Photo: Ms. Khadiza Abdala, Lead Farmer, Kikuyu branch under Dodoma region of Tanzania
Local Investments for Local Farmers
Tanzania is a country of farmers. Most farmers own less than one hectare of land to grow produce to feed their families, whatever surplus they generate is used to fund their children’s education, healthcare and family emergencies. Small holder farmers are already vulnerable to crop failure, drought and poverty and this will be confounded by a changing global climate.
However, even with a very small plot of land farmers can increase their output of produce to sell in the market substantially, by investing in productivity enhancing seeds, tools, fertilisers and new knowledge. The challenge that these farmers have is getting access to the products and knowledge they need, when they live in isolated rural areas. Government agricultural extension workers are few and far between and the mainstream private sector companies feel they can’t serve this market profitably.
BRAC is running a project in Tanzania that is trying to change this situation. The LEAD (or Livelihood Enhancement through Agricultural Development) project is a collaborative endeavour between BRAC and the UK Department for International Development (DFID) to stimulate the private sector in Tanzania to serve smallholder farmers – with a particular focus on the maize and poultry sectors and value chains. The project takes the following strategies:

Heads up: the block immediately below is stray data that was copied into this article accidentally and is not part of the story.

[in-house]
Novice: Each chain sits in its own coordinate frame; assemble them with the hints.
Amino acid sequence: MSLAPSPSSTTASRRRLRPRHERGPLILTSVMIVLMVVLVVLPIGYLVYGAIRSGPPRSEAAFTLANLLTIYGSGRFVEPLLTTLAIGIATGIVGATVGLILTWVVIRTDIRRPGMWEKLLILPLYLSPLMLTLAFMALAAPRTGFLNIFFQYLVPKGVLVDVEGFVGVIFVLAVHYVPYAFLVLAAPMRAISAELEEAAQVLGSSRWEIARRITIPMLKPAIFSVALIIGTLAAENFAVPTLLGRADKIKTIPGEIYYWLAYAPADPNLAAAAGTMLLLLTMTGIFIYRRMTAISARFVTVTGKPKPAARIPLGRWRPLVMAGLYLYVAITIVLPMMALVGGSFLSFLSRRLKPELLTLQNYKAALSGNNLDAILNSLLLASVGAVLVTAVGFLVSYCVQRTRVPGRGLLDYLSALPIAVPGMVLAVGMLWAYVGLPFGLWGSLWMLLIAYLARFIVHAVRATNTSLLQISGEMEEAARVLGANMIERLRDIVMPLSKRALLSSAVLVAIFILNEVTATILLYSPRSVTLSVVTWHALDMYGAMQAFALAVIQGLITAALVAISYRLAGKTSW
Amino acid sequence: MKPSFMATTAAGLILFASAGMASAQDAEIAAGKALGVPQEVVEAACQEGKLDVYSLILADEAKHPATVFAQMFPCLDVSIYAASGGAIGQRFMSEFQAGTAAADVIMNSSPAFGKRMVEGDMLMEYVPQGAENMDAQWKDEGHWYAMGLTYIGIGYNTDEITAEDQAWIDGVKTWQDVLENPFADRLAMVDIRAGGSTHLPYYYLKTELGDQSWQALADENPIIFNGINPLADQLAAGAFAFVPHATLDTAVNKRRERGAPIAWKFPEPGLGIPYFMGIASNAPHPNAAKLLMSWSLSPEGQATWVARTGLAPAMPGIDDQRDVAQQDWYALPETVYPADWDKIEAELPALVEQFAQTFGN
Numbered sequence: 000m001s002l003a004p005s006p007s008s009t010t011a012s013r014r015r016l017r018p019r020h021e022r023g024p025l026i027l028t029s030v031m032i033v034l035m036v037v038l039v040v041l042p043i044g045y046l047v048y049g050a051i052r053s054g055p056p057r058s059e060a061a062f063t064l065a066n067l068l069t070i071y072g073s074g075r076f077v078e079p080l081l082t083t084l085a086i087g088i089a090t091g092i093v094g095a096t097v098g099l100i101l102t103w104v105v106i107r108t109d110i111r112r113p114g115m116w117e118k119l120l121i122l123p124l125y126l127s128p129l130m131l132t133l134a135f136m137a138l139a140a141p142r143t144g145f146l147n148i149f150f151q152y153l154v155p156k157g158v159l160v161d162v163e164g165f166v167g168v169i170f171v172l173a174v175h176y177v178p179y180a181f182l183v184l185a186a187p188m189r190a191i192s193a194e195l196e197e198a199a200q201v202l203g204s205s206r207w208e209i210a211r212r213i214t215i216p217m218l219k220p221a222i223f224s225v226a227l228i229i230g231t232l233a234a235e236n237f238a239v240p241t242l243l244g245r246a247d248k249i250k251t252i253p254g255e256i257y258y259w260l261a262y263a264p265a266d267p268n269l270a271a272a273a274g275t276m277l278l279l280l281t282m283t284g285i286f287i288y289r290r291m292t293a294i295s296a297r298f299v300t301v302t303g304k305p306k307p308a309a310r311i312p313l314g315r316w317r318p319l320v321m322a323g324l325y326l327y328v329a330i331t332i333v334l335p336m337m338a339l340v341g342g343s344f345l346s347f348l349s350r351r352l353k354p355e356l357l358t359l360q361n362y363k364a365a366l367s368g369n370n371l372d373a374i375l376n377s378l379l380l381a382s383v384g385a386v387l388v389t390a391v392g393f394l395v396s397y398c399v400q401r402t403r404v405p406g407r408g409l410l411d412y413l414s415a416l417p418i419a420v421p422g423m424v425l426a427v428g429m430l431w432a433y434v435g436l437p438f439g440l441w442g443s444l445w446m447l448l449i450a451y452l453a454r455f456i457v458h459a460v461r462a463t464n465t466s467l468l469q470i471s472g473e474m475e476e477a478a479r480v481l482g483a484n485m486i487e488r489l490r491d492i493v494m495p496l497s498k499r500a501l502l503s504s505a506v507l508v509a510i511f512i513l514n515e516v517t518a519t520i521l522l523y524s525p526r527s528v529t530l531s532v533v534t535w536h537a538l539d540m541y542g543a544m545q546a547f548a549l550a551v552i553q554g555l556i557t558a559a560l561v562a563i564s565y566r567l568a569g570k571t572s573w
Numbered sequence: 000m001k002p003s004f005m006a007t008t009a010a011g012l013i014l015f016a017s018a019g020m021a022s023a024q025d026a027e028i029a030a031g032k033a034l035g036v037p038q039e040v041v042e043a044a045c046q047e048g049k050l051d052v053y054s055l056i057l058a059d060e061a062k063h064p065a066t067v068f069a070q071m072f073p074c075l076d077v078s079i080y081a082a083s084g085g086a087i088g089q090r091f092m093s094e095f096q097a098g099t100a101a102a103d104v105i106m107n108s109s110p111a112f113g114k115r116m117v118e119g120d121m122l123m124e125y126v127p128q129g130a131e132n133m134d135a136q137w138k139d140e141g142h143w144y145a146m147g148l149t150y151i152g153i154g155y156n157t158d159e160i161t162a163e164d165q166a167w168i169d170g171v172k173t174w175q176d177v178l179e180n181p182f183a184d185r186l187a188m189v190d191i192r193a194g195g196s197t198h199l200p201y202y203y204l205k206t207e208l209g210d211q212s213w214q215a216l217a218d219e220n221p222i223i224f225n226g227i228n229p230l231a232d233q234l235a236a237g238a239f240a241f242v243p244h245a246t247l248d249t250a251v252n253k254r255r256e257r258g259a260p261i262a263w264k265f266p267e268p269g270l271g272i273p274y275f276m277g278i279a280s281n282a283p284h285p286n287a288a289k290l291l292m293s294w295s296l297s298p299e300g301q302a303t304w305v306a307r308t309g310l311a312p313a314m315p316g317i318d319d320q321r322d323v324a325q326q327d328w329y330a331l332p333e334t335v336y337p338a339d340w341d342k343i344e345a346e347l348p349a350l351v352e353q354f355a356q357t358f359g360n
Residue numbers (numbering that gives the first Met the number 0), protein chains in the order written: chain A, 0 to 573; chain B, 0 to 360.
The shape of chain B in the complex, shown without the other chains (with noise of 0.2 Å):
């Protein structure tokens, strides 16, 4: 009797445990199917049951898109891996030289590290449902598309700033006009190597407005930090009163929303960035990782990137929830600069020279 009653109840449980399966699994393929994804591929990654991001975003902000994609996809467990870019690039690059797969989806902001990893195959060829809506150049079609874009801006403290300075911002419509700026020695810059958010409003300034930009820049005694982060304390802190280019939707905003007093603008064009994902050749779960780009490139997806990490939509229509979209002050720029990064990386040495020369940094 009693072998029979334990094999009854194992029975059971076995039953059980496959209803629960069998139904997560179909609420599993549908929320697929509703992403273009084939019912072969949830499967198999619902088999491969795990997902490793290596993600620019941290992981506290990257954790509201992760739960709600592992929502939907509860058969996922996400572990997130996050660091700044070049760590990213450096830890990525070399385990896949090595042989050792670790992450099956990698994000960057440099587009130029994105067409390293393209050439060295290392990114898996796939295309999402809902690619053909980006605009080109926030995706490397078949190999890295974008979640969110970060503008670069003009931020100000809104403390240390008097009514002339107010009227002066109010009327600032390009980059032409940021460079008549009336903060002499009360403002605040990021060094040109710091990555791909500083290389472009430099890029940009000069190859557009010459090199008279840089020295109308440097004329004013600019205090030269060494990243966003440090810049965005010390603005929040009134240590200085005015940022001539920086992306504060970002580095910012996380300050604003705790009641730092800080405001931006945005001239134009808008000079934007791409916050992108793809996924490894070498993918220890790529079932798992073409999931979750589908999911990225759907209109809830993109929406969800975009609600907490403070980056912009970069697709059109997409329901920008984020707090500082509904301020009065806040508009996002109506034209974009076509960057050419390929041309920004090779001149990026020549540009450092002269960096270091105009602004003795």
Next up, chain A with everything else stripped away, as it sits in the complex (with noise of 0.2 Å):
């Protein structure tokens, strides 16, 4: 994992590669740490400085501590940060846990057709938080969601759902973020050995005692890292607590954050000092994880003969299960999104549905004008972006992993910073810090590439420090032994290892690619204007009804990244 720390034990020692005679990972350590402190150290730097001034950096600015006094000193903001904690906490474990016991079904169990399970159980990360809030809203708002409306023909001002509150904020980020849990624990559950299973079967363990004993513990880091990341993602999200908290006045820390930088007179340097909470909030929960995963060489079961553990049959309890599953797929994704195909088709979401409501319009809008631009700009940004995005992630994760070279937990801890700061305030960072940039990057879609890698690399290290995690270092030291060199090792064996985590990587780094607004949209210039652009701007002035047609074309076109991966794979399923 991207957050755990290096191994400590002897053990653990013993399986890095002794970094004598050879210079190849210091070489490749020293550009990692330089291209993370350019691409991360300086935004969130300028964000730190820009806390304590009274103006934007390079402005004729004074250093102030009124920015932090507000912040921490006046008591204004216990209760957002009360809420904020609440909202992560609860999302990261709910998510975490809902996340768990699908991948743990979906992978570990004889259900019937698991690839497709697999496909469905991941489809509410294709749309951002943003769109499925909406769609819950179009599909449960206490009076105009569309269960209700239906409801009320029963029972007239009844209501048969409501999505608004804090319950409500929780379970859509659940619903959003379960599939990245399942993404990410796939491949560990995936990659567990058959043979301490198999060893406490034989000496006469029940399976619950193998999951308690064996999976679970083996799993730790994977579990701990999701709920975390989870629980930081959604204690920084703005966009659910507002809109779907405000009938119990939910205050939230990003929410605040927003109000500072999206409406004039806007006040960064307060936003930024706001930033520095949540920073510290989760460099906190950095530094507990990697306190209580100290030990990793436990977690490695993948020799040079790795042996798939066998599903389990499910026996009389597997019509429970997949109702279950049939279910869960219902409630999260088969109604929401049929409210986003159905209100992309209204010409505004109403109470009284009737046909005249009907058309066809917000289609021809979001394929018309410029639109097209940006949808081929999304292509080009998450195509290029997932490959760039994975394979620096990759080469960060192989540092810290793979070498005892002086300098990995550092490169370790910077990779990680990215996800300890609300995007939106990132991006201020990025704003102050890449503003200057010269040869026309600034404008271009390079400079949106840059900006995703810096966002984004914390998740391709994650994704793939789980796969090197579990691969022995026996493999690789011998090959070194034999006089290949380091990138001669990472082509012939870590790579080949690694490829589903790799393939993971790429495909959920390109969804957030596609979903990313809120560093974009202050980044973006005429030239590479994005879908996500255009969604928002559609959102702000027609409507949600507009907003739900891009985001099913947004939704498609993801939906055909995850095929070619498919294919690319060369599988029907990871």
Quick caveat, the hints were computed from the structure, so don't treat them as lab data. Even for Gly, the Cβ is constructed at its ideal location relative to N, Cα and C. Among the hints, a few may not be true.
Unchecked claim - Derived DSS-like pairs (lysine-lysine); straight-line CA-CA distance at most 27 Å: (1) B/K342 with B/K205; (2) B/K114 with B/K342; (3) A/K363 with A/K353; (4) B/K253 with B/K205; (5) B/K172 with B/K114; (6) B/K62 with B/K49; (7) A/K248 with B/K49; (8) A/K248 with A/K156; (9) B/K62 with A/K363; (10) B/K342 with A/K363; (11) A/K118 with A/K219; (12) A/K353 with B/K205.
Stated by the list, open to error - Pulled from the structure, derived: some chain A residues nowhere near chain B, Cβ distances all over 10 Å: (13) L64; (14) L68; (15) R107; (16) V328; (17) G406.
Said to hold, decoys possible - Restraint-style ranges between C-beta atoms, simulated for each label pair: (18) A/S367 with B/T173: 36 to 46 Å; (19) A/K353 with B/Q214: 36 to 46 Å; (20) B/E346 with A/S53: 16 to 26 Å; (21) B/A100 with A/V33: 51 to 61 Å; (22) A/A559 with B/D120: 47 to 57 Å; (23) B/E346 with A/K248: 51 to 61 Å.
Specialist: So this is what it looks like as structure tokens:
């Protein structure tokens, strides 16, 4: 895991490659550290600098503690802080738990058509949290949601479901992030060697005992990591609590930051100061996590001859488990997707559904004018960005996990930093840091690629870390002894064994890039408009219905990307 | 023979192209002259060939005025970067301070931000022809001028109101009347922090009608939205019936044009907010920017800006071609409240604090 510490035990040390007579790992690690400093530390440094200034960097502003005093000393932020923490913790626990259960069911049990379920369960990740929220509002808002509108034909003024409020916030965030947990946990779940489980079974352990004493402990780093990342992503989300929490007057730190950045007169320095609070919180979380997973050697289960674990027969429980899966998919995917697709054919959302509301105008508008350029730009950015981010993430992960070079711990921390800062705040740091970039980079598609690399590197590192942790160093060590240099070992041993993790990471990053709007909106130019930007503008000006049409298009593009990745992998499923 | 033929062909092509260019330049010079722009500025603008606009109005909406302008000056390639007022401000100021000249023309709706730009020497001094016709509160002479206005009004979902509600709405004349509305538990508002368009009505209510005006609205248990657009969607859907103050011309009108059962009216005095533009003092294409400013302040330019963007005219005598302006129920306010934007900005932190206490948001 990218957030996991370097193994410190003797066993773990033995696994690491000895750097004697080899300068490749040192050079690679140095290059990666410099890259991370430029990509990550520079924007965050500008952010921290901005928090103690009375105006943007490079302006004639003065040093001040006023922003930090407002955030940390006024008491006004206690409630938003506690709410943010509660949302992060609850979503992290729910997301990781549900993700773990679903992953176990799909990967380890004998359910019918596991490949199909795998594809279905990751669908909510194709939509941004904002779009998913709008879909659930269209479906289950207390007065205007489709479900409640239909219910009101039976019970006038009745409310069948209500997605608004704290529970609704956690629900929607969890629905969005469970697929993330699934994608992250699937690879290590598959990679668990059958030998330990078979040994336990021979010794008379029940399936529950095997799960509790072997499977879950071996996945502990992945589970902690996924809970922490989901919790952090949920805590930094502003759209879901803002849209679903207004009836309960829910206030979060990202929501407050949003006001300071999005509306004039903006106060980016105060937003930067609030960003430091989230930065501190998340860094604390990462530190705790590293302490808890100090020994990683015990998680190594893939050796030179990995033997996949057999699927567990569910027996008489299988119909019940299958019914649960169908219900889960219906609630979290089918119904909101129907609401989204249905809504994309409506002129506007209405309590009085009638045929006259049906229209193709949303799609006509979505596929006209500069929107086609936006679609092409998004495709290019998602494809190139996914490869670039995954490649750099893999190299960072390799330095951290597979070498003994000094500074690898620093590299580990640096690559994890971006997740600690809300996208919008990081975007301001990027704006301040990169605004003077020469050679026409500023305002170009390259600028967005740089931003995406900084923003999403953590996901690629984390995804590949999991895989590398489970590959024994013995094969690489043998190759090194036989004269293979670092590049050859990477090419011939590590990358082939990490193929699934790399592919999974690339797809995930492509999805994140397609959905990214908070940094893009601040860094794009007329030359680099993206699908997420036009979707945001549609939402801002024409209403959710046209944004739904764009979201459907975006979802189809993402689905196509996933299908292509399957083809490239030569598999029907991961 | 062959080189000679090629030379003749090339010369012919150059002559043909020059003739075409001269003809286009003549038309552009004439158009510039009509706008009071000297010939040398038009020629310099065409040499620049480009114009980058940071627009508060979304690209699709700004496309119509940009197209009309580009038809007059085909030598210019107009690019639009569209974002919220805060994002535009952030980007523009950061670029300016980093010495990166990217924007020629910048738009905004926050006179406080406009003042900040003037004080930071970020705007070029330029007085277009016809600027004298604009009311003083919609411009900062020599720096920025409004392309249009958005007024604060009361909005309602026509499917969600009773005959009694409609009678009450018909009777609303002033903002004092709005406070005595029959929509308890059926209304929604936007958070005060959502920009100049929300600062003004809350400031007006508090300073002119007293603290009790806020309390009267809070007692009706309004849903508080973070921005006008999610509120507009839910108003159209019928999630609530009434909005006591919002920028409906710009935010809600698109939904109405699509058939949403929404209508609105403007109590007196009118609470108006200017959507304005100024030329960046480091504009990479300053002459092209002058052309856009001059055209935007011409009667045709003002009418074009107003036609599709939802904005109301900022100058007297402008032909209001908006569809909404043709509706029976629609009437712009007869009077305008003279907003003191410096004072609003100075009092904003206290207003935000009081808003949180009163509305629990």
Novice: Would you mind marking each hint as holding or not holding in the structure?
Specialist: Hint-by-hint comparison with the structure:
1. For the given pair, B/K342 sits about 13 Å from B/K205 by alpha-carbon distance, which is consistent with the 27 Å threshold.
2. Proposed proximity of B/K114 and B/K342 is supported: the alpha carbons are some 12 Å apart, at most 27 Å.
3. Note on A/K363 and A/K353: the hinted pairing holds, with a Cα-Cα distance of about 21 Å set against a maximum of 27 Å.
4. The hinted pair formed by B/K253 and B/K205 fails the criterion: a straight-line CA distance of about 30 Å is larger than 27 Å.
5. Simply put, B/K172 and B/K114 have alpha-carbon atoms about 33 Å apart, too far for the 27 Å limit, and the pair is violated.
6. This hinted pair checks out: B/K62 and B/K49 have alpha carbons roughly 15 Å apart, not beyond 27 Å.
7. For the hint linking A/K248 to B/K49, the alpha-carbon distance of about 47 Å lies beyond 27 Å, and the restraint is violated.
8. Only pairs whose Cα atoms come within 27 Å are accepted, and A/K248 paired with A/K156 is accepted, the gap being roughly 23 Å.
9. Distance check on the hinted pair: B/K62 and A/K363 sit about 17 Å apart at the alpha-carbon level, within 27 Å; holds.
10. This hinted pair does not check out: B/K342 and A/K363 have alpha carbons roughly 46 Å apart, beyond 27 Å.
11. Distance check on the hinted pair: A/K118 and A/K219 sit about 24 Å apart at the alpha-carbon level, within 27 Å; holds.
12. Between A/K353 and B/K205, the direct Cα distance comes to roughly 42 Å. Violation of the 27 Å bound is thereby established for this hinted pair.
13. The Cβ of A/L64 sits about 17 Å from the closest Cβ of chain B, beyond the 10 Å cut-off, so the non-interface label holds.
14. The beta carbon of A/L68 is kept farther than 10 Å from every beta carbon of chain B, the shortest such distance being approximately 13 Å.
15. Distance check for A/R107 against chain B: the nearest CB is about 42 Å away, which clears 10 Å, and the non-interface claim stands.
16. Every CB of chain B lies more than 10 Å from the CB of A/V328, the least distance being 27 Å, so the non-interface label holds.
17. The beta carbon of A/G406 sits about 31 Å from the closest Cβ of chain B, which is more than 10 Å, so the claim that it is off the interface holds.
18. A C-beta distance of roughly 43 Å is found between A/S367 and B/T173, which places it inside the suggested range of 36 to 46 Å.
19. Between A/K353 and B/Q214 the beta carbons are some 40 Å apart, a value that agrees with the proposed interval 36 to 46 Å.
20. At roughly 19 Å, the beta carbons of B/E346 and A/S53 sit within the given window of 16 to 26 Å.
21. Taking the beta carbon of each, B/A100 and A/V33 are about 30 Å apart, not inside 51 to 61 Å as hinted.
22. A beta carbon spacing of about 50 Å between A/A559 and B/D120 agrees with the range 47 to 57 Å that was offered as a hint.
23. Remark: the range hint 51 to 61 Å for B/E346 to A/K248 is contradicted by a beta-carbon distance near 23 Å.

Photo: Jofrey Fadhili in his shop
Jofrey Fadhili has a small shop in Mwanza in northern Tanzania selling products such as animal feeds and medicines. Jofrey has been trained by BRAC and received a loan to help him increase his stock. Jofrey is very clear that his business is more than just sitting in a shop and providing products. He has developed an effective advisory service for his customers, he says ‘what I do is more than sell. I also take the chance to advise them in how to use the products and discuss the challenges they have in the field’. Jofrey has established a network of sales agents and advisors in rural areas around Mwanza because he says, ‘the biggest challenge I face is how to reach the farmers as I have to travel at my own cost’. He considers it vital for his business that his farmer clients are successful with his products; ‘if they see my products working they will come back’
The LEAD project is currently working with 72 small businesses like Jeffrey’s and is starting to demonstrate to the larger agricultural input businesses that there is a viable market in serving smallholder farmers.
Programme Manager Hem Roy says ‘LEAD is trying to address the core constraints of input and output markets by providing financial and technical support to private businesses in the maize and poultry market systems. These businesses are expanding the quality, quantity and variety of products and services. Our aim is that by growing their customer base, which includes smallholder farmers, their businesses will grow while also benefiting farmers.’